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"There is time to go long, time to go short, and time to go fishing." - Jesse Livermore

  • After a nice rally, uncertainty is climbing.
  • Economic data, an unfriendly Fed, and a market near resistance could create a 'nobody wins' tape.
  • Active traders can take a wait-and-see approach until a trend emerges.

The stock market rally that kicked off on June 17 is getting a bit long in the tooth. Yesterday, I showed why Top Stocks Helene Meisler thinks fast-approaching resistance and less-than-favorable sentiment could result in a "chop-fest" tape that leaves everybody unhappy.

In times like these, I'm reminded of Jesse Livermore, the early-1900s trader rumored to be the subject of the fantastic book "Reminiscences of a Stock Operator (it's a must-own book in any traders library). In Reminiscences, he suggests that sometimes, it's simply best to do nothing, a lesson he believed few traders embraced. This passage from the book nicely sums up his thinking:

“There is the plain fool, who does the wrong thing at all times everywhere, but there is the Wall Street fool, who thinks he must trade all the time. Not many can always have adequate reasons for buying and selling stocks daily – or sufficient knowledge to make his play an intelligent play.”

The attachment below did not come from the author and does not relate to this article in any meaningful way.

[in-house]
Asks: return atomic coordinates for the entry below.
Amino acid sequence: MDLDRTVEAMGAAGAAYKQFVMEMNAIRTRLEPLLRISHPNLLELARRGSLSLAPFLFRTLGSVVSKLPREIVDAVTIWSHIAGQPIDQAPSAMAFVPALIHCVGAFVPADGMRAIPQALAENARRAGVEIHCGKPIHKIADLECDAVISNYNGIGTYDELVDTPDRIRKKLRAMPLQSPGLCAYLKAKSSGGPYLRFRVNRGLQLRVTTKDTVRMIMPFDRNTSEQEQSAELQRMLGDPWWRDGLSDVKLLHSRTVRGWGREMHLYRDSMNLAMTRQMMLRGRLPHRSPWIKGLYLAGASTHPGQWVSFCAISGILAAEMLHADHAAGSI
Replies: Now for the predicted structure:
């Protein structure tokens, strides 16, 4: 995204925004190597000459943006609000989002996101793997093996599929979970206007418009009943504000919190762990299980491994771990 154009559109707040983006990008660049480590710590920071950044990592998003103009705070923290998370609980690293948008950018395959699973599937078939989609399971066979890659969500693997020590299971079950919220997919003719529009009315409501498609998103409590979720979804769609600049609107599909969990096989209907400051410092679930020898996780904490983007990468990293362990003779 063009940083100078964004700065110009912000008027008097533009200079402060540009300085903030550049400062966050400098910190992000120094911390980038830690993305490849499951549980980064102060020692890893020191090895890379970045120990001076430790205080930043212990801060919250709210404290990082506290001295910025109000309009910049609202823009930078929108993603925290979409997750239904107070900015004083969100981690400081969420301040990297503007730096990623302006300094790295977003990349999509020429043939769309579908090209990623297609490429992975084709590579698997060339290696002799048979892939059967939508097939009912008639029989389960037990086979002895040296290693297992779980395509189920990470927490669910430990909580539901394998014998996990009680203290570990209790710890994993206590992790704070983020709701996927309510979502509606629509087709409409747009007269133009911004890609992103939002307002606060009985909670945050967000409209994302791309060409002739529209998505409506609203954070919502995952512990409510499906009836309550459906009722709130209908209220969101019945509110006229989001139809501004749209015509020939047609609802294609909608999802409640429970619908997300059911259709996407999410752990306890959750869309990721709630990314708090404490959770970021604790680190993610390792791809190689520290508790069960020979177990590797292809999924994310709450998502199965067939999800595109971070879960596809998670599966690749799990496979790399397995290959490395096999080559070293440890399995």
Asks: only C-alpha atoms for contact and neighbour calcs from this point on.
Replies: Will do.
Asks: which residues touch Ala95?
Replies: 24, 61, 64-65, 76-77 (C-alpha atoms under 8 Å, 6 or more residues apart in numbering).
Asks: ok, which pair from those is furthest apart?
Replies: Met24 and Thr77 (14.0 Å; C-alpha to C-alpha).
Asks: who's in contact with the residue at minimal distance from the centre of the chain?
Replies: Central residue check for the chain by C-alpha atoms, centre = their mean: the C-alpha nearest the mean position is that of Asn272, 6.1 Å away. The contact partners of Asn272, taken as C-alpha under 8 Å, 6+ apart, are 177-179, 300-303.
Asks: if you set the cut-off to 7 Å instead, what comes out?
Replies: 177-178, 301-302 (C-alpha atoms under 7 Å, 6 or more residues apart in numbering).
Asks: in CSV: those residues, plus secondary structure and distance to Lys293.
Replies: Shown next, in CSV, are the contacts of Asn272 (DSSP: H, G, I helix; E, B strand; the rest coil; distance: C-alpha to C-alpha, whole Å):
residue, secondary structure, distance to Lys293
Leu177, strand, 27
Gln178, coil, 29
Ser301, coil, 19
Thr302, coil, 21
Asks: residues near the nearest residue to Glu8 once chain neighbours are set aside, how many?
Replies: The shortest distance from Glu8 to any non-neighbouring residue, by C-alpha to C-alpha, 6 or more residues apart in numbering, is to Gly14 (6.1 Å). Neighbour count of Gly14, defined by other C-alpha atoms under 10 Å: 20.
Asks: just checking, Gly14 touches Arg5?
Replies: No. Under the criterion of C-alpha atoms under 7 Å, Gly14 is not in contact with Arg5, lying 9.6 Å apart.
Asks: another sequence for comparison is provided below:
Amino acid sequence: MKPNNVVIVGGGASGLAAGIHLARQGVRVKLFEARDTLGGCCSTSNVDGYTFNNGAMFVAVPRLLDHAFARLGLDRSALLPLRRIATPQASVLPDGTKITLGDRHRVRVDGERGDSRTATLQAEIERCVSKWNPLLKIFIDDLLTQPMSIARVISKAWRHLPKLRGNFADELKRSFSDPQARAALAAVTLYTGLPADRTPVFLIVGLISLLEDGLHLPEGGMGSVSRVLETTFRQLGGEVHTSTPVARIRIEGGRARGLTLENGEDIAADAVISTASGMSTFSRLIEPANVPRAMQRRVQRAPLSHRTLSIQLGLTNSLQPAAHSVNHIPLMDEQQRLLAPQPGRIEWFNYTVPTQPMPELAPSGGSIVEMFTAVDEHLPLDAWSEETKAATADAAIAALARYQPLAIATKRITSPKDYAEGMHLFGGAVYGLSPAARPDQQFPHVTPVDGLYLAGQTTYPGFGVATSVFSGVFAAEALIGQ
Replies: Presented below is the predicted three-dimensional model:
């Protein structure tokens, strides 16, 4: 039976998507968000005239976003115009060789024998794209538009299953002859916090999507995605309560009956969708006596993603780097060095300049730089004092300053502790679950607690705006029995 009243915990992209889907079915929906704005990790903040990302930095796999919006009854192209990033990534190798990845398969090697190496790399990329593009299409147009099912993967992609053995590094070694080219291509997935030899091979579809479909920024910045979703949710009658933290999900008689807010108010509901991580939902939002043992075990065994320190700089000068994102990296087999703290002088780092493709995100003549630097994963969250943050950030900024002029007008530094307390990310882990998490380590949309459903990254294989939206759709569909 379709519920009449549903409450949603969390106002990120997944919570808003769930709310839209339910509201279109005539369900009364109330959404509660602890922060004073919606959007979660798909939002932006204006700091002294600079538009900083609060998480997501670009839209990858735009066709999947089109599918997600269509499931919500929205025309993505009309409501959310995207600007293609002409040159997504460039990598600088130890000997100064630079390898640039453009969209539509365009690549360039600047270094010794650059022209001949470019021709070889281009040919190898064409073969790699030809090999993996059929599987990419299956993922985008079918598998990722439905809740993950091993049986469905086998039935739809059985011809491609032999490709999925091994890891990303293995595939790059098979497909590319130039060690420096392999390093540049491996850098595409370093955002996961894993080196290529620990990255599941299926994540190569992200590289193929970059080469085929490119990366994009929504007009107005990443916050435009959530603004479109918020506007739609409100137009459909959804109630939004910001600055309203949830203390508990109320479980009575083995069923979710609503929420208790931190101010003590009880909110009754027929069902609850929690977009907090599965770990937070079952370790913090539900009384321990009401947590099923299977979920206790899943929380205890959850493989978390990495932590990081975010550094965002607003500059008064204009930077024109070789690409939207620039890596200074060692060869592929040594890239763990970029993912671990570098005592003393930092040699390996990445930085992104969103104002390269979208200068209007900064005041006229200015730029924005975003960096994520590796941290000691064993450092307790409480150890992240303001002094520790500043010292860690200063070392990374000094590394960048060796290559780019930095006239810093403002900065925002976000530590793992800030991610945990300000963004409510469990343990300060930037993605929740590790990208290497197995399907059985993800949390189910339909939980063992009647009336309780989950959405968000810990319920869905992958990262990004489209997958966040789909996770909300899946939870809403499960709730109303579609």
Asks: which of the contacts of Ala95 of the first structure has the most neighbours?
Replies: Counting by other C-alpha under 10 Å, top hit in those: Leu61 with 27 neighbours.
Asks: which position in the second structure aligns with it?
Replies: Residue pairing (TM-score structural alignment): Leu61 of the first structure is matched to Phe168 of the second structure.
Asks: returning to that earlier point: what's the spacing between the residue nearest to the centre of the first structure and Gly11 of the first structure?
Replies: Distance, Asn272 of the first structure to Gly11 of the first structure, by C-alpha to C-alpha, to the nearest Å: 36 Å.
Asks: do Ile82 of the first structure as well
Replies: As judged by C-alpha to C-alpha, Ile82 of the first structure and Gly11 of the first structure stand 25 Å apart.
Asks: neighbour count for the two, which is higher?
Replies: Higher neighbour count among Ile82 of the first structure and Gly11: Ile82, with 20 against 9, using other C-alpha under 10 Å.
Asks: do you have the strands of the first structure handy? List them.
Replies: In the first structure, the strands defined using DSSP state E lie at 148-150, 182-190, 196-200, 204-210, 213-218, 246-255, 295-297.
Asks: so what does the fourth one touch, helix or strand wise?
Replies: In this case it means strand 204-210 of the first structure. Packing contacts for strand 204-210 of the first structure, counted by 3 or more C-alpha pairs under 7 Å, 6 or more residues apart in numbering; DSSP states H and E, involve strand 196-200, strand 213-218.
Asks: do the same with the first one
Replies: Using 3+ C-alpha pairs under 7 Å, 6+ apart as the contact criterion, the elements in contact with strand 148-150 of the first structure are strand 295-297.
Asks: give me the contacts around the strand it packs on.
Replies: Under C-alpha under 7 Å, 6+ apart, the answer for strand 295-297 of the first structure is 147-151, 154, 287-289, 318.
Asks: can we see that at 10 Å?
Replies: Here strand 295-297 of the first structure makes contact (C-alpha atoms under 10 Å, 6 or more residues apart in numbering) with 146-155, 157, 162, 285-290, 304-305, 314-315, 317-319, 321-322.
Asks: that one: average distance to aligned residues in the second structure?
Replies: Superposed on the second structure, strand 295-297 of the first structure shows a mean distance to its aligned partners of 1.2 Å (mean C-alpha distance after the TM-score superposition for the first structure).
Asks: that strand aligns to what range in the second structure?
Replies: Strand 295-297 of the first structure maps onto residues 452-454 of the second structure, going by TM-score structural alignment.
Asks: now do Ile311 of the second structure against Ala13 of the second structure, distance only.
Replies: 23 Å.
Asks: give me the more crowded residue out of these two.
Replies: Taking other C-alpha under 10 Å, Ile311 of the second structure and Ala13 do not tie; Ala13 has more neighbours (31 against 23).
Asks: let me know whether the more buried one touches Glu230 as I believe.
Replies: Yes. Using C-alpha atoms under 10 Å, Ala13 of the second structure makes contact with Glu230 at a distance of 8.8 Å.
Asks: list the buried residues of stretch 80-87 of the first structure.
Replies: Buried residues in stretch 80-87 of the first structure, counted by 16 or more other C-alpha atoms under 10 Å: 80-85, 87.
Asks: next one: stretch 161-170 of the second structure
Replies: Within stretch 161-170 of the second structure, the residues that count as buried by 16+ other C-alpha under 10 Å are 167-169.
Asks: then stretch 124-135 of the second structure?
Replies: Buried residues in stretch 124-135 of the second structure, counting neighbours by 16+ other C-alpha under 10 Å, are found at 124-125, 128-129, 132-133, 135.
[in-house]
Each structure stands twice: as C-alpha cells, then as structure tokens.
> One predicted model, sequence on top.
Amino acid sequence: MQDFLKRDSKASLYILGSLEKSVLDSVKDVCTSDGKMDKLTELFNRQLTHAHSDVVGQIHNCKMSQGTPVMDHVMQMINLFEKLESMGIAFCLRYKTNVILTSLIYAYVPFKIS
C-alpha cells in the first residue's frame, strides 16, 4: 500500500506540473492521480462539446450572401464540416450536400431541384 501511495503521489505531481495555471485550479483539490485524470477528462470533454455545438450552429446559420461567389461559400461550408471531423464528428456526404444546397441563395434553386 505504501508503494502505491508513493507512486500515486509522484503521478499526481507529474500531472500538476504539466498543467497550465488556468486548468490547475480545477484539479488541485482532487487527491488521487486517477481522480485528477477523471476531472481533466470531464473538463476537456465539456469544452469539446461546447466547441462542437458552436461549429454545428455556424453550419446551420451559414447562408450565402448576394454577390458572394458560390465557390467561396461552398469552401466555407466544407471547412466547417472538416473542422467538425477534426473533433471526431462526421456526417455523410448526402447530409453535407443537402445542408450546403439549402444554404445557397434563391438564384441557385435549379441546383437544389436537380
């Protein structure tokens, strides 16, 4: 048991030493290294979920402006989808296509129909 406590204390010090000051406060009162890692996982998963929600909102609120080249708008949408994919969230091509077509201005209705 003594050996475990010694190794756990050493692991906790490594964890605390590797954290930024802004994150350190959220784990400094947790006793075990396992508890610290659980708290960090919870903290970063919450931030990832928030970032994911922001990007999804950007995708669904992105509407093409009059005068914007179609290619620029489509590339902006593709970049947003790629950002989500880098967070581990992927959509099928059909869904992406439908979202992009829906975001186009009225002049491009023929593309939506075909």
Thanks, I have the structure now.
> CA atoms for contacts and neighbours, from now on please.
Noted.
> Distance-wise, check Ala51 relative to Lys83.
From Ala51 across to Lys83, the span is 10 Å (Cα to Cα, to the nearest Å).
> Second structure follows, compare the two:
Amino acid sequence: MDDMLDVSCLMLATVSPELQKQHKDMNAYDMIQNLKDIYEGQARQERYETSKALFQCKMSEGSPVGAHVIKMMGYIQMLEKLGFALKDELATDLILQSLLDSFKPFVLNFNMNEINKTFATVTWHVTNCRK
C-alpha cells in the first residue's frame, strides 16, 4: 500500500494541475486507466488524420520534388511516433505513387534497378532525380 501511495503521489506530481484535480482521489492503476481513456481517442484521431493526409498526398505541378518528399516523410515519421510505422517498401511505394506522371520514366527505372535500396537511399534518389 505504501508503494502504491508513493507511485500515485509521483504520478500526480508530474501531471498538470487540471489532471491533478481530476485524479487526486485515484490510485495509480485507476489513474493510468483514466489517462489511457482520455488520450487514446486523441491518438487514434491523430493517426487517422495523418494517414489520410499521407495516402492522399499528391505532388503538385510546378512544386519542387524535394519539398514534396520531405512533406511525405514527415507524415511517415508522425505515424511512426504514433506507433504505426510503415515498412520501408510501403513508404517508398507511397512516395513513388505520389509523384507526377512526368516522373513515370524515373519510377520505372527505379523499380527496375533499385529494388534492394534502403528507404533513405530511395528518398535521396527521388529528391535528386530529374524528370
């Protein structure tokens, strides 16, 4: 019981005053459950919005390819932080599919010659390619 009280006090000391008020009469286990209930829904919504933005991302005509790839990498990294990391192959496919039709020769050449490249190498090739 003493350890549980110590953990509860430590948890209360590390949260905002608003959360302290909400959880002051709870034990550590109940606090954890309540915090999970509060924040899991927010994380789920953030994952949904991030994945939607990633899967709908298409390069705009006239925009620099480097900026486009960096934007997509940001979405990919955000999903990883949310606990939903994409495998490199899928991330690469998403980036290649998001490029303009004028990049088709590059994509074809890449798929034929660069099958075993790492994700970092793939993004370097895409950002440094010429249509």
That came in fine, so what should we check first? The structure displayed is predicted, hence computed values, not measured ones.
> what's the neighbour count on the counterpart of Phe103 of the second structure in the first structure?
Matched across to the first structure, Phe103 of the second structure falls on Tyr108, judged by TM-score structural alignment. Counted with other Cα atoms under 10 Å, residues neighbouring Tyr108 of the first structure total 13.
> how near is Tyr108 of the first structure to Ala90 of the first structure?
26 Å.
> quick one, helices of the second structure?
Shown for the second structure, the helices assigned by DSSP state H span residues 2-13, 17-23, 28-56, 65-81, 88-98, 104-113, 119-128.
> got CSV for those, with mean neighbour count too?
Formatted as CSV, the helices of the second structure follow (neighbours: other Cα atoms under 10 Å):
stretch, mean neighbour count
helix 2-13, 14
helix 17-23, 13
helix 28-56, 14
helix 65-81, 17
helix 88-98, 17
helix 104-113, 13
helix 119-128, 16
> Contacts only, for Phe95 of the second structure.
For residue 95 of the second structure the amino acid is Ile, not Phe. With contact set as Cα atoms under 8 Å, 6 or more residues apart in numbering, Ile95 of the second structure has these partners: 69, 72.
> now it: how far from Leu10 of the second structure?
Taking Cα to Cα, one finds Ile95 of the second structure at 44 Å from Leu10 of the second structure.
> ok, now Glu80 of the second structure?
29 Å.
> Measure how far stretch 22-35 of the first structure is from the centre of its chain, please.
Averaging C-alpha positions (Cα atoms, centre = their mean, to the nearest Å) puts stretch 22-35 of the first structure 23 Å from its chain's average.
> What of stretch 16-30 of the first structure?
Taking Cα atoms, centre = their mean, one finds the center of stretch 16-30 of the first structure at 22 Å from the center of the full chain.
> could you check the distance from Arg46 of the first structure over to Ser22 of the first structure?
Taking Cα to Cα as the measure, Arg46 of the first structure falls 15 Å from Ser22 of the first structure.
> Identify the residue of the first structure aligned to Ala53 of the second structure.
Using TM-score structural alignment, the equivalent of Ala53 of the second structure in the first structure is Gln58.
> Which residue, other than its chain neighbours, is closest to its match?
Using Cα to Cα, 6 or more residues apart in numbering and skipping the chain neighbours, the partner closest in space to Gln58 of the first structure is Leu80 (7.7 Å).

Yet, traders tend to do what traders do, and that's to trade. In a trending market, actively trading long or short can produce substantial, ego-inflating gains. However, gains can disappear quickly in a "chop-fest" trendless market.

Real Money's James DePorre reinforces this point in "A Market for Sitting on the Sidelines" In it, DePorre points out the incredible uncertainty plaguing the market now. He writes,

“The bulls hoped the market would be able to build on last Friday's strong action, but the upside momentum fizzled out quickly on Tuesday and triggered another round of selling… all it took on Tuesday to send stocks back down was more concern about inflation, higher oil prices and debate about a potential recession. The bulls hope that this long list of negatives can be discounted by the market, but it will not be an easy task when there is so much economic uncertainty. [emphasis mine]”

In April, a negative 1.4% print on U.S. GDP surprised everybody because the Atlanta Fed's GDPNow outlook was modeling for growth. In May, the second estimate clocked in at a negative 1.5%. Today, the final reading for Q1 was revised lower to 1.6%. The Q2 GDPNow forecast has steadily contracted over the past two months. It finished last week at 0% but it increased slightly to 0.3% earlier this week. Don't blink, though, because the model gets updated again later this week when additional data is available, fueling uncertainty.

Similarly, the inflation data is frustrating. In April, the Consumer Price Index "improved" to 8.3% from 8.5% in March, but inflation roared back in May, lifting the CPI to 8.6%. In response, the Fed hiked rates by a more-than-expected 0.75% in June. 

That backdrop leaves investors wrestling with questions. Are we in a recession? Is it approaching? Is inflation peaking? Is it destined to remain stubbornly high despite growth-busting rate increases? And what's that all mean for earnings and stock prices?